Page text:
- Integrate system costs, electricity rates, and compensation mechanisms into the automated dispatch strategies for solar plus storage plants, which will improve the existing automated dispatch algorithms based on energy production and electricity load, to maximize the value of the system.
- Improve battery degradation modeling by replacing user specified degradation schedules with a model accounting for battery operational conditions.
- Implement models for PV+storage systems capable of providing ancillary and resiliency services, which will help answer questions about how distributed storage can add value to the normal operation of the grid system, how real-time information and responses from those systems can provide value to the grid, how systems will react to proposed new interconnection standards, operating procedures, and equipment, and how much distributed PV+storage should be anticipated under different policies.
- Refactor the SAM SDK to be more intuitive and easier for Python users by distributing it within a Python package, making additional SAM library interfaces available, and using Python data structures and class and code conventions in the Python wrapper. This will encourage broader adoption of the SAM SDK by Python software developers, allowing other tools- such as NREL’s REopt, dGen, and reV tools- to more easily leverage the validated, detailed models available in SAM.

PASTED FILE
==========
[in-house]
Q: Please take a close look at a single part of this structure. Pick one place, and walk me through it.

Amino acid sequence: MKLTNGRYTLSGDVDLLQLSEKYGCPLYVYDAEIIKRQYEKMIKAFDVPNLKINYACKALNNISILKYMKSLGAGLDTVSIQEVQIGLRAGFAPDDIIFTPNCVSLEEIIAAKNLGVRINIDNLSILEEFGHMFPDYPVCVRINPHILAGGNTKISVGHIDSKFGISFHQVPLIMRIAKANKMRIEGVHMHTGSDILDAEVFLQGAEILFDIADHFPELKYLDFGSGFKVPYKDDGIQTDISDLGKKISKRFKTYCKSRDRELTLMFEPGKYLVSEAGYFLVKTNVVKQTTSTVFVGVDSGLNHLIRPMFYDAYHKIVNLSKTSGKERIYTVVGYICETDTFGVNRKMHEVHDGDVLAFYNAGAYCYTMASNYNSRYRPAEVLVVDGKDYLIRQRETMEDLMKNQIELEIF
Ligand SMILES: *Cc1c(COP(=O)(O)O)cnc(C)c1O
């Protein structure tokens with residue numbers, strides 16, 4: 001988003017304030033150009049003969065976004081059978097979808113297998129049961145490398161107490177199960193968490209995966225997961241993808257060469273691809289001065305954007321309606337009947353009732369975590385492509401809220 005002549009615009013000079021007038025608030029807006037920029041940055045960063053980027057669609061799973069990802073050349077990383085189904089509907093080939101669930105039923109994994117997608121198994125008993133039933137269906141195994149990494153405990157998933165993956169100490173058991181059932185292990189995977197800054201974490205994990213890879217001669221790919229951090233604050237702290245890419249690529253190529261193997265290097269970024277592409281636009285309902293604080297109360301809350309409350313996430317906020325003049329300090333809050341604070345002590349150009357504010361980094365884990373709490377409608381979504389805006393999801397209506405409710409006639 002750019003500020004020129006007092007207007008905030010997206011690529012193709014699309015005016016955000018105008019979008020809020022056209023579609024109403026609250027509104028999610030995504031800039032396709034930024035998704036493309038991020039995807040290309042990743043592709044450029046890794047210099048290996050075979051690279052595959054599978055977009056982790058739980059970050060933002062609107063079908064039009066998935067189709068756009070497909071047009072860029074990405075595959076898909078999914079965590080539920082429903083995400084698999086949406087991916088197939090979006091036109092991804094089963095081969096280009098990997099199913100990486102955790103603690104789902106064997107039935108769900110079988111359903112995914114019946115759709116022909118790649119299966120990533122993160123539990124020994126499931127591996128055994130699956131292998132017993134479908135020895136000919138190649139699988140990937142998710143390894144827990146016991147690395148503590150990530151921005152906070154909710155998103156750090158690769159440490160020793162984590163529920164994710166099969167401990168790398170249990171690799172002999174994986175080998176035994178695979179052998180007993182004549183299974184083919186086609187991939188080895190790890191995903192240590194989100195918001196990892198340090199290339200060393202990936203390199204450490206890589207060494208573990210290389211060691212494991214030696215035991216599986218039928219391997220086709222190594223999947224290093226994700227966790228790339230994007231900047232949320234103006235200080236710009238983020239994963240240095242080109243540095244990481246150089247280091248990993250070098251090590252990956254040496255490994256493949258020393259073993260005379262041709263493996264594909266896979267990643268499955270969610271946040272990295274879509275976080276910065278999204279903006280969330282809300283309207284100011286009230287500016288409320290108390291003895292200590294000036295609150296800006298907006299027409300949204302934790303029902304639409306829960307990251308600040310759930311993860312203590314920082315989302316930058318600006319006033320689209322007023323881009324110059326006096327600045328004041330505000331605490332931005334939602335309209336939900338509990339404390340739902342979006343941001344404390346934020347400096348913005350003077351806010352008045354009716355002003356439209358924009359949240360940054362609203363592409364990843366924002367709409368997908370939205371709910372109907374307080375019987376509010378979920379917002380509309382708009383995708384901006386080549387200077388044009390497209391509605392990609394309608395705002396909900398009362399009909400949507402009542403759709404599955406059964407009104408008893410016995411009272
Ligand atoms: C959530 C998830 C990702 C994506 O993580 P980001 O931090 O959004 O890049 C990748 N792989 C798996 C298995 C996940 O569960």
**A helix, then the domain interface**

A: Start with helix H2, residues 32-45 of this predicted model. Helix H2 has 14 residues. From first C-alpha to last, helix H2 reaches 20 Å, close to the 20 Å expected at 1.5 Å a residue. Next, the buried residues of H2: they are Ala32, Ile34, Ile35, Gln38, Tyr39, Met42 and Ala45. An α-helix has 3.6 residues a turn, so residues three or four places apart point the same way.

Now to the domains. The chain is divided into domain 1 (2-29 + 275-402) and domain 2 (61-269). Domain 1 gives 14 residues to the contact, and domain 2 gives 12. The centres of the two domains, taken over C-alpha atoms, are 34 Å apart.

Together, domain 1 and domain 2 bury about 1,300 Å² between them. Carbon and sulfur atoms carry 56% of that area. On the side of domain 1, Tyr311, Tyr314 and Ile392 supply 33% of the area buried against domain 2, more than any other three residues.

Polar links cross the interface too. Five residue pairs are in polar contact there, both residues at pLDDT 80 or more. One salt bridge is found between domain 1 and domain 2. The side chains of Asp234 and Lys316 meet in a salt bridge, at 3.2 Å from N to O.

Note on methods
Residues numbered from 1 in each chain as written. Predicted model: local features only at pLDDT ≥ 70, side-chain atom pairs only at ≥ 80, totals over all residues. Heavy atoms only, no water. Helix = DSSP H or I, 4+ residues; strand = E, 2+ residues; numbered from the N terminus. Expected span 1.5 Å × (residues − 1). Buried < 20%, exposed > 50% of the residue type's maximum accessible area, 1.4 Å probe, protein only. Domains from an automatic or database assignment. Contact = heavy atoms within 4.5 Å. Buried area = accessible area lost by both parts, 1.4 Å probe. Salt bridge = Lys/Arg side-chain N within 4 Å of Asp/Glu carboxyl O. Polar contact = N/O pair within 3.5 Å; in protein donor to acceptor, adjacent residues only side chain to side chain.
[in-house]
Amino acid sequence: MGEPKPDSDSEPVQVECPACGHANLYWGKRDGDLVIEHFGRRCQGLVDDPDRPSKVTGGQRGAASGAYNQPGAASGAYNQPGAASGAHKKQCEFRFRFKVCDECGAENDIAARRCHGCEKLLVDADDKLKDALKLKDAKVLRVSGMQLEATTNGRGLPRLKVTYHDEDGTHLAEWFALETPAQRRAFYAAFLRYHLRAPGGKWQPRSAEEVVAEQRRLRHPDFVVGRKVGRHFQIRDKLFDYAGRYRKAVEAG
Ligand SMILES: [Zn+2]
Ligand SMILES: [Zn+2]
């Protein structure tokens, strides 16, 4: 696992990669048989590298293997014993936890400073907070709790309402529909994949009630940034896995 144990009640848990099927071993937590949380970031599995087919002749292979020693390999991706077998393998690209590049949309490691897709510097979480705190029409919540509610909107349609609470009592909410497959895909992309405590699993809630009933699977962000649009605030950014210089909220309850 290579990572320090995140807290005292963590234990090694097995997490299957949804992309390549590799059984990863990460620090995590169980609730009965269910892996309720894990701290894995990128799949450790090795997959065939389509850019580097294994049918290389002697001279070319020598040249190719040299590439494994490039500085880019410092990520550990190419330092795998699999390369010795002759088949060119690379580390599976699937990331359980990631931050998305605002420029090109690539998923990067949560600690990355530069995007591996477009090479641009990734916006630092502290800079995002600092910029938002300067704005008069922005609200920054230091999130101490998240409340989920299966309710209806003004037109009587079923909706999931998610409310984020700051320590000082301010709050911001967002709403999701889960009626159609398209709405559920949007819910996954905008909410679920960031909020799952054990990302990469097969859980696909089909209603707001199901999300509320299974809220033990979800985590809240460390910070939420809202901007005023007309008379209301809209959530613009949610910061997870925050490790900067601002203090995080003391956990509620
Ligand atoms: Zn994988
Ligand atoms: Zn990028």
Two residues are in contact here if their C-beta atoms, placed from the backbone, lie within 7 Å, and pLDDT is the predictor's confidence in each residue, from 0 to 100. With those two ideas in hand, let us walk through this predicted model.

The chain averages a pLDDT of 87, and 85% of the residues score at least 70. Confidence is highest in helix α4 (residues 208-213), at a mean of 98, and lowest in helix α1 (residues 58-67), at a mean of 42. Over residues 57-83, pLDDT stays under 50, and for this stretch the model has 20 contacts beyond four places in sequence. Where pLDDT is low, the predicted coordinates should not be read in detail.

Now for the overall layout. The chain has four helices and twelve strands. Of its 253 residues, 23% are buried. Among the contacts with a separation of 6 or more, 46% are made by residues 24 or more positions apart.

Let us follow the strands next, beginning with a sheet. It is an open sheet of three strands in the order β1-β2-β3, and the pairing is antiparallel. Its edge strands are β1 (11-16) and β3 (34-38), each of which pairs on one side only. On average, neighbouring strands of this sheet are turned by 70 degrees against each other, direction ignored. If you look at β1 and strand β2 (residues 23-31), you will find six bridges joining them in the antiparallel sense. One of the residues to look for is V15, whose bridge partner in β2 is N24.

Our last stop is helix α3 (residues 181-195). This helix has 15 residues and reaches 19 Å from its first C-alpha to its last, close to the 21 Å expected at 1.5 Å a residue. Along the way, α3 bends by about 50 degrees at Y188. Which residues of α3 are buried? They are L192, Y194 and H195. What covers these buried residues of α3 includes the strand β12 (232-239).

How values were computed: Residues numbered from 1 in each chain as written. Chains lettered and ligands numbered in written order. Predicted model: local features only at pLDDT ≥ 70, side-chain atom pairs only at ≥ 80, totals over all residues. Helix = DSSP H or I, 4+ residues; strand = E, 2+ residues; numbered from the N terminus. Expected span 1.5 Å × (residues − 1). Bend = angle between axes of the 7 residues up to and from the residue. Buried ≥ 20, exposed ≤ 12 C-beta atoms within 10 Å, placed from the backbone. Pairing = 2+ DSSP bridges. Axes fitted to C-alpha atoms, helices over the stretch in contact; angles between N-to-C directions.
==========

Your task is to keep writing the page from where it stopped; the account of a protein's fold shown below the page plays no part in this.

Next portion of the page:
- Fuel cells in a PV+Battery system
- Integration with a detailed PV+Wind+Battery system design optimization tool at NREL
- Integrate an IEC 61400-15 compliant loss and uncertainty model into the wind technology/financial model in SAM
- Add a new technology model for Marine Hydrokinetic (MHK) devices, both wave and tidal
- Incorporate emerging financial mechanisms, such as limited master partnerships and valuing post-PPA power production (which is now routinely done by developers), especially in light of ITC/PTC expirations, to provide industry with a robust representation of current financing mechanisms and allow for an accurate understanding of industry growth.